Thursday, July 29, 2010

Sarah's Last Reflections on her time at Camphor

The last several weeks have been full of events at the mission. During the week of July 12-16 My Daughter’s Place, the girl’s vocational school, held a workshop at the mission with students from other vocational programs in Buchanan and Monrovia. These programs are designed to give young adults a chance to learn cooking, tailoring, carpentry, computer skills and other trades so they can make a life for themselves, as many of them were unable to attend school while growing up during the Liberian civil war. It was a week of learning, sports, fellowship and fun. Our own Anthony Jackson and John Toe from the clinic also participated in the program doing HIV/AIDS and family planning education.

At the clinic we have been continuing with vaccinations; we just received a new supply of Pentavalent vaccines (Tetanus, Diphtheria, Pertussis, Hepatitis B and H. Influenza) from the Ministry of Health in Buchanan, and we used it to have an infant vaccination outreach day at the Johnny Joe Town market. Sometimes the Ministry of Health runs out of vaccines and last week they (and we) were also out of the ACT (artemisinin combination therapy) tablets that we use as our primary treatment for malaria. The clinic has been using Quinine in these cases, which we is what we use as first-line therapy for malaria patients that are either pregnant or severely ill. Recently we added either Doxycycline or Fansidar when administering the Quinine, as it is more effective than the Quinine alone based on the reading and learning that I have done here and shared with the staff.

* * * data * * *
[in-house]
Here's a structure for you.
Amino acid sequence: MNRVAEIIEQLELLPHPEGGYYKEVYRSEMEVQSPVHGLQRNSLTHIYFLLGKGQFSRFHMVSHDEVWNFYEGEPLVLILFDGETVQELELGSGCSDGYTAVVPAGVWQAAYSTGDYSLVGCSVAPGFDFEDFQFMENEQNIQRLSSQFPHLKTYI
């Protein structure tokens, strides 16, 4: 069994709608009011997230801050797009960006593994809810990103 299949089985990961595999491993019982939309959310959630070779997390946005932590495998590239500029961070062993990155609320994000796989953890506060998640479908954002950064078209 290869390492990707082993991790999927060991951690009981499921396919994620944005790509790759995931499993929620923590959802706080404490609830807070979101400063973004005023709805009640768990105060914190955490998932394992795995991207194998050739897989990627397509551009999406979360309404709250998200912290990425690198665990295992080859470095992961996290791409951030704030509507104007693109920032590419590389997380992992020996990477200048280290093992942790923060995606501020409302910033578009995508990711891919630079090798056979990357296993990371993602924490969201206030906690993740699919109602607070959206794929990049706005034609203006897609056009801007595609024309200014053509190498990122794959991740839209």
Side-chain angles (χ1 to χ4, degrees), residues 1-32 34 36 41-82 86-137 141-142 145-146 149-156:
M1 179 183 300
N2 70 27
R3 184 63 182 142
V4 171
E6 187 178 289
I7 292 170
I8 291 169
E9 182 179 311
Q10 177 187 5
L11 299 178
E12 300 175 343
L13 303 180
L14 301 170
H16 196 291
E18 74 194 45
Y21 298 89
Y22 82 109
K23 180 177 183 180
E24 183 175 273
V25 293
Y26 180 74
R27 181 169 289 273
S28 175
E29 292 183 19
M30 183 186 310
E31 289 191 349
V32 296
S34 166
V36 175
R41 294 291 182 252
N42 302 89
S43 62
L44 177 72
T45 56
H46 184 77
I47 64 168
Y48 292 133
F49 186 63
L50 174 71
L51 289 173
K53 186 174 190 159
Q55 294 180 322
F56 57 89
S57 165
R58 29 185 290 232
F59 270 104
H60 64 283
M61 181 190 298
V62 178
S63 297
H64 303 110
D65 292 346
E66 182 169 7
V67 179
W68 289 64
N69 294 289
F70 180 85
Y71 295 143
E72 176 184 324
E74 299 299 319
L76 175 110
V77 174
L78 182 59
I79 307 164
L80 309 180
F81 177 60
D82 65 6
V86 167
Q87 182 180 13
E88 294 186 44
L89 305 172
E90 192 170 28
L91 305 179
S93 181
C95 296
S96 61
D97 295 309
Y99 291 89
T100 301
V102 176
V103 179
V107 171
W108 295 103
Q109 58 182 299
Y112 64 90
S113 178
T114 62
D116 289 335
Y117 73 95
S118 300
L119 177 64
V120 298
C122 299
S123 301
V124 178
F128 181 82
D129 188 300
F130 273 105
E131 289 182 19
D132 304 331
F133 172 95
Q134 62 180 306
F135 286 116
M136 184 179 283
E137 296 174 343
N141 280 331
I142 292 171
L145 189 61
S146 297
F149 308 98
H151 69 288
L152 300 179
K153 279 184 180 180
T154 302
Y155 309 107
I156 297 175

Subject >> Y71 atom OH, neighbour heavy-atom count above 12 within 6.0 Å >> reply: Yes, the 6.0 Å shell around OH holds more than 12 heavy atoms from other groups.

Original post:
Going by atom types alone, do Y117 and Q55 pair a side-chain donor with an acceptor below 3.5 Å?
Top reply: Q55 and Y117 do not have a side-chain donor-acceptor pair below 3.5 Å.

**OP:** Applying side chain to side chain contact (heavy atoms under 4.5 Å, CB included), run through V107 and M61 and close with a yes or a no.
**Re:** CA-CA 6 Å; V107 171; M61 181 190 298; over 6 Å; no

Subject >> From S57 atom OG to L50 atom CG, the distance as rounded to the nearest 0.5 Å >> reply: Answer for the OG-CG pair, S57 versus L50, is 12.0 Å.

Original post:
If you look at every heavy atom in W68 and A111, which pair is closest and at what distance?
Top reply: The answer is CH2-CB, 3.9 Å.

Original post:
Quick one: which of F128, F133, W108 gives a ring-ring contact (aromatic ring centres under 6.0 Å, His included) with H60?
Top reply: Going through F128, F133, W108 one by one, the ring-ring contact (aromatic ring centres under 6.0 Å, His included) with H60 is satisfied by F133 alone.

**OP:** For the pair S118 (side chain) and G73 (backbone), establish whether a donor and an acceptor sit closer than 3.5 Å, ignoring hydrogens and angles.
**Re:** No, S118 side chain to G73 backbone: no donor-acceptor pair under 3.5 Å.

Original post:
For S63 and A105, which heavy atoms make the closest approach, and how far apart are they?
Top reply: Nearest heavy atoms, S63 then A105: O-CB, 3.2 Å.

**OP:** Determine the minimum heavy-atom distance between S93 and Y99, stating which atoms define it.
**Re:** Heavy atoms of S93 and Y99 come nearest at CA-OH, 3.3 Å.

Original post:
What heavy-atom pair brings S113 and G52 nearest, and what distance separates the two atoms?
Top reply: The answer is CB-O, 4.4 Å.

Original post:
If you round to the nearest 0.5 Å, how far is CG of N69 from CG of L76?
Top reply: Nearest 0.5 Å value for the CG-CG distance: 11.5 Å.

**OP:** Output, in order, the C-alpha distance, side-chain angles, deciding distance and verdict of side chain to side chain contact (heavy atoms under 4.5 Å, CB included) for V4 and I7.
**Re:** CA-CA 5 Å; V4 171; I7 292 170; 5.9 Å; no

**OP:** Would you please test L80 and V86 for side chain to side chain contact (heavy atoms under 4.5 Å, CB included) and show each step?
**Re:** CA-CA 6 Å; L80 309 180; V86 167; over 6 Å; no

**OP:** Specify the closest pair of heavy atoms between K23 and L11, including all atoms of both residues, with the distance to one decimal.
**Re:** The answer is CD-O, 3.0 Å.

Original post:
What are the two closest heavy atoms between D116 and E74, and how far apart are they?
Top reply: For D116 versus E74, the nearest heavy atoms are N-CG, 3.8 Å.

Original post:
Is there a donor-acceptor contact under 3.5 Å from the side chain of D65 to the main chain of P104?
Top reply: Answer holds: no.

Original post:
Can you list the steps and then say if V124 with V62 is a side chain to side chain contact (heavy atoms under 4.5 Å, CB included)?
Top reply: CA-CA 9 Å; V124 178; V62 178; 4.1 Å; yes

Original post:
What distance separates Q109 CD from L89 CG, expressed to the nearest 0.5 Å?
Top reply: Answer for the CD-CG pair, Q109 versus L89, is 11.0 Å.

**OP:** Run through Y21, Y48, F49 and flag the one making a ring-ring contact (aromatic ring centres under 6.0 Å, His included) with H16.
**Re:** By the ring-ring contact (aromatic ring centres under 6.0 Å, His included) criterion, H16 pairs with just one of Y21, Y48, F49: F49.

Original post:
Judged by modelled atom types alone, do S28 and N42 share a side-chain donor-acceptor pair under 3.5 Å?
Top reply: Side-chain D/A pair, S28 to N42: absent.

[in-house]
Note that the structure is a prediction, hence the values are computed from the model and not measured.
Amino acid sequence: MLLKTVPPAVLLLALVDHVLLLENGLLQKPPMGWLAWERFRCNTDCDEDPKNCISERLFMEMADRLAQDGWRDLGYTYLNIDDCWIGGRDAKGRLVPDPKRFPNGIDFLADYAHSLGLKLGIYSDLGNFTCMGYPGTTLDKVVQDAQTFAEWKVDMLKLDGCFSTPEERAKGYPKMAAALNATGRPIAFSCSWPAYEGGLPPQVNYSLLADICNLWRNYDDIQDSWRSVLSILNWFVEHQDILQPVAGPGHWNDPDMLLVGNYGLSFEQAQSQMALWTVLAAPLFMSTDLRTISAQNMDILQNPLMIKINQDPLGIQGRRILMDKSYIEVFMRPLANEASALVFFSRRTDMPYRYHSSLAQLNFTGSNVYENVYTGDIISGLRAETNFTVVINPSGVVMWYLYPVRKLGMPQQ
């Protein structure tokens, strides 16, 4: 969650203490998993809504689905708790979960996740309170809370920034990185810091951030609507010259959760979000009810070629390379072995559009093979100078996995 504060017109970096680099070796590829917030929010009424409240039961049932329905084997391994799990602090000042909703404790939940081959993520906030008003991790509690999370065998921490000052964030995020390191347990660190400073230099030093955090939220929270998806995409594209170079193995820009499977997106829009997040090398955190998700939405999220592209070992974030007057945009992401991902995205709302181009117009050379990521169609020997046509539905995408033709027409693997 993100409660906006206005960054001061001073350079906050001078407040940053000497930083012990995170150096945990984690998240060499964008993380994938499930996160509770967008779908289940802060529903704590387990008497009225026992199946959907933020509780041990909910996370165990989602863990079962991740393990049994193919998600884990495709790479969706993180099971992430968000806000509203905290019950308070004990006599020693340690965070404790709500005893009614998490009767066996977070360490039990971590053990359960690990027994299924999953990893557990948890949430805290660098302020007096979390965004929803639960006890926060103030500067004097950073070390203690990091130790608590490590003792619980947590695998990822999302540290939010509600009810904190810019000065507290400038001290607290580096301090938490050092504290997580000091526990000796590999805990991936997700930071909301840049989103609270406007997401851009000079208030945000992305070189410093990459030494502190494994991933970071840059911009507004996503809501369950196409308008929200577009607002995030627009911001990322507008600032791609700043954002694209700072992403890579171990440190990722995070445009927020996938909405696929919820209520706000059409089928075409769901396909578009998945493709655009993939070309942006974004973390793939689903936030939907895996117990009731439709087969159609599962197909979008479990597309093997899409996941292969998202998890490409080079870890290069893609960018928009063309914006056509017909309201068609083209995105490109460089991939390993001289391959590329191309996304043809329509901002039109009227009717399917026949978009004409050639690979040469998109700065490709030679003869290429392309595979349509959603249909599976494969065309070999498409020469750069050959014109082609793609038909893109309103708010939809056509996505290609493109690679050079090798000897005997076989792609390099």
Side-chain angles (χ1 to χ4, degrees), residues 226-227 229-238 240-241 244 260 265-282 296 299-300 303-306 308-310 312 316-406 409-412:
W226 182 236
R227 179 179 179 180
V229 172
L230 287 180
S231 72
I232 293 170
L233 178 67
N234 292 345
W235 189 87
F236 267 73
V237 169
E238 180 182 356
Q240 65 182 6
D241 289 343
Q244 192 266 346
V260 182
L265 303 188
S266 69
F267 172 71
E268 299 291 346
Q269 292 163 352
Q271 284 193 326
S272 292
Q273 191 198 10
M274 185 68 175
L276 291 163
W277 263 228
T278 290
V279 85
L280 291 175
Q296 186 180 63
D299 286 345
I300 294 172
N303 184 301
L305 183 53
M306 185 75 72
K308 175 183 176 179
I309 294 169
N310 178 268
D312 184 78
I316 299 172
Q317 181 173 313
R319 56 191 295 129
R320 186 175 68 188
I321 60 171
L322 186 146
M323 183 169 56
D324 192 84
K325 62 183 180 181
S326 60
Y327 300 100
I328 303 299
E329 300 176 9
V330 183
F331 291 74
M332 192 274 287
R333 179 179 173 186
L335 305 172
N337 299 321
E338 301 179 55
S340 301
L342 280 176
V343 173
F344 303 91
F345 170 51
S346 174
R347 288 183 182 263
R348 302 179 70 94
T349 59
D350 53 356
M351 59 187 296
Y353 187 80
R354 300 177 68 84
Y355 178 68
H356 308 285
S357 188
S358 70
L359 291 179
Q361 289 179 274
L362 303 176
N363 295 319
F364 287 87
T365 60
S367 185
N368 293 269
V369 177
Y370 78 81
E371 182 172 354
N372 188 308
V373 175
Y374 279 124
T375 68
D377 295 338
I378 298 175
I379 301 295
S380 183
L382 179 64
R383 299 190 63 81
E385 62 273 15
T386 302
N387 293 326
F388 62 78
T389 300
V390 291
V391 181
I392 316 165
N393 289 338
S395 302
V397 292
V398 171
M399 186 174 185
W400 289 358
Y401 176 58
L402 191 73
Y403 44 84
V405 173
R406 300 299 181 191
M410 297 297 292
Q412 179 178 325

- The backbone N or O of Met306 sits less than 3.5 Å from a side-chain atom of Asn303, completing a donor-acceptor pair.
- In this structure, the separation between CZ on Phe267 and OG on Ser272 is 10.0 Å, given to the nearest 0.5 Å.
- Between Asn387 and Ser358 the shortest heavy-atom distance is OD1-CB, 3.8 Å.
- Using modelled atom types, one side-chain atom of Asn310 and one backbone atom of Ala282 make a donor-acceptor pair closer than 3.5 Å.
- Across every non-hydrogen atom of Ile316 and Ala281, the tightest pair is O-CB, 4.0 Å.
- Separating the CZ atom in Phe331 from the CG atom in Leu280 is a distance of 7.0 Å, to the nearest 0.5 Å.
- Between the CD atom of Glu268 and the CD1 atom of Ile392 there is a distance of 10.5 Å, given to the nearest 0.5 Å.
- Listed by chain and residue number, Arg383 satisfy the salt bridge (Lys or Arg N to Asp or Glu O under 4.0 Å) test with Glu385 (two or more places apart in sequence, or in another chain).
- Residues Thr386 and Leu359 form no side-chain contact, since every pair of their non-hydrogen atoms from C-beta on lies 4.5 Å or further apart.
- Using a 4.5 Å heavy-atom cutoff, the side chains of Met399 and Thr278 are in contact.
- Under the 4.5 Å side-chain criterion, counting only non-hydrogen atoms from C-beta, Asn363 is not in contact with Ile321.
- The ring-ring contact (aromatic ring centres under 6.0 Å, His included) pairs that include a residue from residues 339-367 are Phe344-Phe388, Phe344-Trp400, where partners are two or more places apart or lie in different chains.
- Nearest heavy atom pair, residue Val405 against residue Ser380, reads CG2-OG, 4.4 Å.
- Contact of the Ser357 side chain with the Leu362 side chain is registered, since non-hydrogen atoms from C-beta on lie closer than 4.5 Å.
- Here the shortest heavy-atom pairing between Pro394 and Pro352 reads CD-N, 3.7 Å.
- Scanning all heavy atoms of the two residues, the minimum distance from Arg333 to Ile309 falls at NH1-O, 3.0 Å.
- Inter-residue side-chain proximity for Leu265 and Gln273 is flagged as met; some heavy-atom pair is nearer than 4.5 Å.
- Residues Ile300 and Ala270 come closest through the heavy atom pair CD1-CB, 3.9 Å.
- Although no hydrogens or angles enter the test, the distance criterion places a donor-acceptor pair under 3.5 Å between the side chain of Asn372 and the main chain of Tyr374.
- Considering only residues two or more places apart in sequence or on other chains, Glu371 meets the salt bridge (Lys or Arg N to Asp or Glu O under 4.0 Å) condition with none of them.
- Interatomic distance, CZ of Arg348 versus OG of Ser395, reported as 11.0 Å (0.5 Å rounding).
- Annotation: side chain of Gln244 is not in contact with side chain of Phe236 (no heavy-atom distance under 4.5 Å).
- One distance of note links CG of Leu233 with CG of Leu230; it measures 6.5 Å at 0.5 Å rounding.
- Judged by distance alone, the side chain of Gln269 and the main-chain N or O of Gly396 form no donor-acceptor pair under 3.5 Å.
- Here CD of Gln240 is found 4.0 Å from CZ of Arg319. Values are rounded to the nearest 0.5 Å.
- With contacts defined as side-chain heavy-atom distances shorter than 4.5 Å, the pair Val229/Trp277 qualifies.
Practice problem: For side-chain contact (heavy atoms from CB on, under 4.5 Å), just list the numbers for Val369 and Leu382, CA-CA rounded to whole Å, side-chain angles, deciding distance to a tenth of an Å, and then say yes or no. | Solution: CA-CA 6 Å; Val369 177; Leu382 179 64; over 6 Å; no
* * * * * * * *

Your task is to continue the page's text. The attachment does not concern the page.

Paul recently took time to show me some sites outside the mission where Camphor has some revenue-generating projects in the works. One of these is the timber project, which is in partnership with Paul’s village of Goah-yah, about an hour’s drive from Camphor. From there it was a long hike out in the bush to the timber processing site; it felt like a real jungle trek! The workers often stay out overnight in the bush and all the timber that is produced has to be hauled out by manpower alone. The timber is used directly for building at Camphor and portions of it are also sold for profit by the mission and by the people of Goah-yah who own the land. I also toured the LAC (Liberian Agriculture Company) plantation, whose primary product is latex rubber. LAC has been involved with the mission through providing student scholarships and in assisting Camphor’s efforts to establish its own rubber tree farm. It takes about seven years for the trees to be mature enough to harvest the rubber, but it, along with many other projects, are part of a long-term plan to eventually make Camphor Mission self-sustaining. The LAC plantation itself is beautiful and we were able to tour the community there, including the tree farms, hospital, staff living areas and the club house, which is at the top of a hill with a fantastic view of Grand Bassa County.